You’ve probably heard that we are living in what is known as the age of Peak TV. It’s an accurate moniker. Not only is there a mind-boggling amount of television currently airing in the US and abroad, but so much of it is objectively brilliant. You can say with some confidence that film is no longer the most ambitious medium anymore, as so much boundary-pushing storytelling is being done on the small, rather than the silver, screen.
But while we might be experiencing some of the best television a cable package can provide, it’s hard to deny that there is a certain air about that praise. Television, on the whole, may be great, but if you’re looking for the really good stuff, those shows that take the biggest risks, have the best characters, and tell the most ambitious stories, what you really want is "prestige TV." If it’s not on a channel you have to subscribe to a la carte, is it even worth it?
Don’t get me wrong. Shows like Game of Thrones, Westworld, American Gods and the like have been game changers in the television world, but as more and more series look to emulate that prestige model there is something that gets lost in the shuffle: the beauty of a classic television format and an appreciation for a serious message wrapped in a lighthearted package.
The prestige format is simple, a fact counter to its result. These are heavily serialized shows of a deeply serious nature. They play out much more like multi-part movies — or the old-fashioned mini-series they replaced — rather than a more traditional episodic season. It’s not often you encounter a prestige format series in which the episodes easily stand on their own. As viewers, we see this format, coupled with the high production values, and recognize it as quality. The serious tone tells us that this is a show with something to say. We hold these series as the ultimate examples of their genre and eschew anything that follows an older tradition. Perhaps no one says it out loud, but there is a mood, a tone, a general understanding that the lighthearted, lower production value of old-school episodic television is somehow less than.
That is categorically false.
While there is certainly some incredible storytelling happening on prestige, or prestige adjacent series (The Expanse, Orphan Black, Mr. Robot, Preacher, The Walking Dead, Legion, etc.) it would be foolish of anyone to dismiss some of the equally brilliant work being done on basic cable and network television.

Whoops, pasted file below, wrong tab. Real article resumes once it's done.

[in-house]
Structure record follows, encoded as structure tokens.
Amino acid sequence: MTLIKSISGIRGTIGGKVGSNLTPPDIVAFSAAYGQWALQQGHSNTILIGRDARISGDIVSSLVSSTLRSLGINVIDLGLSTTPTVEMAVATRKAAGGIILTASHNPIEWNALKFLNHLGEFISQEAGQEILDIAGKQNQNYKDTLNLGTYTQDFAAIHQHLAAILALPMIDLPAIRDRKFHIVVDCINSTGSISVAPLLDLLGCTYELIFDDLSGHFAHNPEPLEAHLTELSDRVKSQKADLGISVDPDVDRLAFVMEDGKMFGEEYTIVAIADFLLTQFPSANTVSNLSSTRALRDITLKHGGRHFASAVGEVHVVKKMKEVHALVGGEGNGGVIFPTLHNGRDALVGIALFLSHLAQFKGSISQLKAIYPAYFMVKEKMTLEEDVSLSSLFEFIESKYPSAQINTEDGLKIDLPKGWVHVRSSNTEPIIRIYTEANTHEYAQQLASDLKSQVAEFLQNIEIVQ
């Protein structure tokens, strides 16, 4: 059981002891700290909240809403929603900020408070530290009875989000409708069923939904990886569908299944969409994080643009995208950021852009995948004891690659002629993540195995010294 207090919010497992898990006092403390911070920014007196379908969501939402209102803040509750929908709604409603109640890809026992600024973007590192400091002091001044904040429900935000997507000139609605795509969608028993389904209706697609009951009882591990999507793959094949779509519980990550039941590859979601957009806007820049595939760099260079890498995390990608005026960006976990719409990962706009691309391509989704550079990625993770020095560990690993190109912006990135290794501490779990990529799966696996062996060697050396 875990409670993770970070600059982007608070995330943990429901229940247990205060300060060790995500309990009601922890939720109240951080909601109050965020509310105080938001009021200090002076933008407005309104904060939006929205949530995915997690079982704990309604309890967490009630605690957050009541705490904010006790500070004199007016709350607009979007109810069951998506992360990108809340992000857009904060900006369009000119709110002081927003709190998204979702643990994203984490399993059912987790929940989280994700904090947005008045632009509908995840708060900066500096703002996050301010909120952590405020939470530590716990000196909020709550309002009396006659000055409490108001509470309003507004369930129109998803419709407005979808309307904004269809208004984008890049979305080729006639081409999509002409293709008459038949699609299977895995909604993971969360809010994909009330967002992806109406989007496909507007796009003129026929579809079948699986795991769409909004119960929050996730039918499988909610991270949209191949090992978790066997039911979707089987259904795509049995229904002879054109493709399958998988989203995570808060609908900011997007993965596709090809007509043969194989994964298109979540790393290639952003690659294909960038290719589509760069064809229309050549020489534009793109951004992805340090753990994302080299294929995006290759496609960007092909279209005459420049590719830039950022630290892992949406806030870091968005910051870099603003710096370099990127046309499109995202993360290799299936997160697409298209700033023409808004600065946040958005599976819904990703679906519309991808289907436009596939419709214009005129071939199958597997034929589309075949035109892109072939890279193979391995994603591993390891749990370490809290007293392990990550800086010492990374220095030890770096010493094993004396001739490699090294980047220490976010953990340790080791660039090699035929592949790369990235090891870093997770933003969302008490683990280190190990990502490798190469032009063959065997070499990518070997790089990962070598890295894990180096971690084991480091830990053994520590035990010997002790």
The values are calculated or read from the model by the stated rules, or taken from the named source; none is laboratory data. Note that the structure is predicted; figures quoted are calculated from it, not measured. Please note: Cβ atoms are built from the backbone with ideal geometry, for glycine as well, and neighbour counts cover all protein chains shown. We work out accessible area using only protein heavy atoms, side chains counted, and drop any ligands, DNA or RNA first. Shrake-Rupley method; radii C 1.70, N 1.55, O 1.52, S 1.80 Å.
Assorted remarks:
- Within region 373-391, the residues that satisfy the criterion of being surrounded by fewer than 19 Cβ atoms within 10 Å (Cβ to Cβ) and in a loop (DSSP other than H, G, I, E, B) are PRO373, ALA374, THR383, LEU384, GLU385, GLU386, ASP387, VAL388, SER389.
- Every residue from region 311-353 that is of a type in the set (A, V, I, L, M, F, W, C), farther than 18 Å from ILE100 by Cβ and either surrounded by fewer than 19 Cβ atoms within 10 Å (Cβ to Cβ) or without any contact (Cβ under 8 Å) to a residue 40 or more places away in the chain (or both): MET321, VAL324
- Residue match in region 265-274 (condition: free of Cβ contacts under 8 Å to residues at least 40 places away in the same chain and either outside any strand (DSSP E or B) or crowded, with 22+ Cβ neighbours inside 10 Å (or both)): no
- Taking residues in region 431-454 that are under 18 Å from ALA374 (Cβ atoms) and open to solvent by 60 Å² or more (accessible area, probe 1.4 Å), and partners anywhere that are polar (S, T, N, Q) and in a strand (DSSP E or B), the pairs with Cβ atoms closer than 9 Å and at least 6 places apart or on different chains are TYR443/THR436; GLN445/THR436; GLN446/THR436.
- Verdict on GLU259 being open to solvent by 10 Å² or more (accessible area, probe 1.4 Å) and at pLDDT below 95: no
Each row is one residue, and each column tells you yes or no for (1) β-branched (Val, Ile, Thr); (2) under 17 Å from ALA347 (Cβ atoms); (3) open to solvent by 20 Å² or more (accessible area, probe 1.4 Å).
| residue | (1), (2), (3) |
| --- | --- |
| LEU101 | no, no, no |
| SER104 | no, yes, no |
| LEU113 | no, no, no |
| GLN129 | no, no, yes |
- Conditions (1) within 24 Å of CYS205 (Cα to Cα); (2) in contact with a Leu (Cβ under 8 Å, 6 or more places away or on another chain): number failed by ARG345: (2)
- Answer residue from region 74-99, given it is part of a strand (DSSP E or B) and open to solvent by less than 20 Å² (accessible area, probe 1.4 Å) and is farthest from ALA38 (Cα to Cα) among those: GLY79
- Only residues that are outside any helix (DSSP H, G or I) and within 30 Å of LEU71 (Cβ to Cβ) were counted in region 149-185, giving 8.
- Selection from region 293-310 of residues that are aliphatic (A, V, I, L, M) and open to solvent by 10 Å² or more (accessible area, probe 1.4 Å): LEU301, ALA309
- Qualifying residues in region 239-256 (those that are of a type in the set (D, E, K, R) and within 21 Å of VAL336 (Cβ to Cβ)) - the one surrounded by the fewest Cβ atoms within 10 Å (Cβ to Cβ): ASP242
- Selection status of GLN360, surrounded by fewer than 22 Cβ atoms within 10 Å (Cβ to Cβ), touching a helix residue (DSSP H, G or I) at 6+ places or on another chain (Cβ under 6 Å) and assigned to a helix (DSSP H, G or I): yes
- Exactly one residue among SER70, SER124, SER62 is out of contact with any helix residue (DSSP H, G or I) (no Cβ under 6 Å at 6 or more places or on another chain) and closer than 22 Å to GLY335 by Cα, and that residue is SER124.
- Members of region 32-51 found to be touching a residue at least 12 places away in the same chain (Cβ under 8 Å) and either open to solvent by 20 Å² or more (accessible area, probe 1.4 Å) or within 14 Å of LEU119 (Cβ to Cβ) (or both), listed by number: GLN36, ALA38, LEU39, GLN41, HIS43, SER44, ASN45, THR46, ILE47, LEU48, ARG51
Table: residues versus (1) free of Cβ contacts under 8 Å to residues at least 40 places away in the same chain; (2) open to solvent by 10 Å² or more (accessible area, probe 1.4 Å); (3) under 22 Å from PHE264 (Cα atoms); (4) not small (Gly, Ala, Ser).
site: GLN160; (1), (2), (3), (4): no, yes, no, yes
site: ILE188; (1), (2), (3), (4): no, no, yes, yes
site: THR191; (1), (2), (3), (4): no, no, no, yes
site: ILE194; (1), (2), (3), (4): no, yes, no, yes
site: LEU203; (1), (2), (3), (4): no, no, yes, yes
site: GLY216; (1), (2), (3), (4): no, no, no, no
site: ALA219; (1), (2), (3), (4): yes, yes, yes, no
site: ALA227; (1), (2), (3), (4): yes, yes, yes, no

Oh yes, I’m going there.
Obviously, we should start right here at SYFY, the OG of lighthearted science-fiction programming (and home to some of the earlier prototypes of those mini-series we were talking about earlier). Note that when I say “lighthearted,” I don’t mean unserious. You can be plenty serious while still maintaining your sense of humor along the way. Loss, ethical dilemmas, betrayal? Those are all much more palatable when they come with a dose of well-placed wit. Some of the most beloved series in science fiction and fantasy walk this line. Think of Farscape, Stargate SG-1, and Firefly in the '90s and early '00s and the way they set the stage for shows today. Series like Killjoys and Wynonna Earp owe much of their format to the series that came before.
But even while both these series crack jokes a mile a minute, they also deal with deeply felt character drama and explore fascinating themes about politics, religion, identity, family, and questions of what makes a good guy and a bad guy.
Perhaps one of the most surprising hubs of quality genre content, however, is The CW. I know. I’m just as shocked as you, but it’s true. I’ve already sung the praises of DC’s Legends of Tomorrow, a show which explores questions of morality, redemption, and responsibility, all while building a running motif based around a fuzzy talking doll named Beebo.
The rest of the DC CW universe functions in a similar way, though none quite as successfully, or ridiculously, as Legends. Early seasons of Arrow forced Oliver Queen to learn how to seek justice without murder and face up to the sins of his father and himself. The Flash has struggled with the man he will someday become, while Supergirl has put Kara between her hero life and her normal one. Black Lightning, meanwhile, balances the struggles of family and fatherhood with the complicated issues of being a black vigilante in today’s political climate.
Possibly the best example of this perfect balance between fun and fascinating, though, is iZombie. What might have started as a zombie police procedural based on a Vertigo series of the same name has, over the last four seasons, wrestled with a variety of moral dilemmas ranging from whether zombies are people to the ethics of brain consumption. This last season took things to the next level. Despite the fact that it still thrusts its star into all manner of ridiculous personalities, the fourth season added a level of political discourse to its ethical debate, placing Liv in the center of a zombie/human resistance to a fascist overlord. Sound eerily familiar?
Just goes to show that you don’t need a premium subscription — or a dark and brooding tone — to find quality storytelling, three-dimensional characters, and a point of view worth debating the next morning right alongside the political struggles of Westeros.
The views and opinions expressed in this article are the author's, and do not necessarily reflect those of SYFY WIRE, SYFY, or NBC Universal.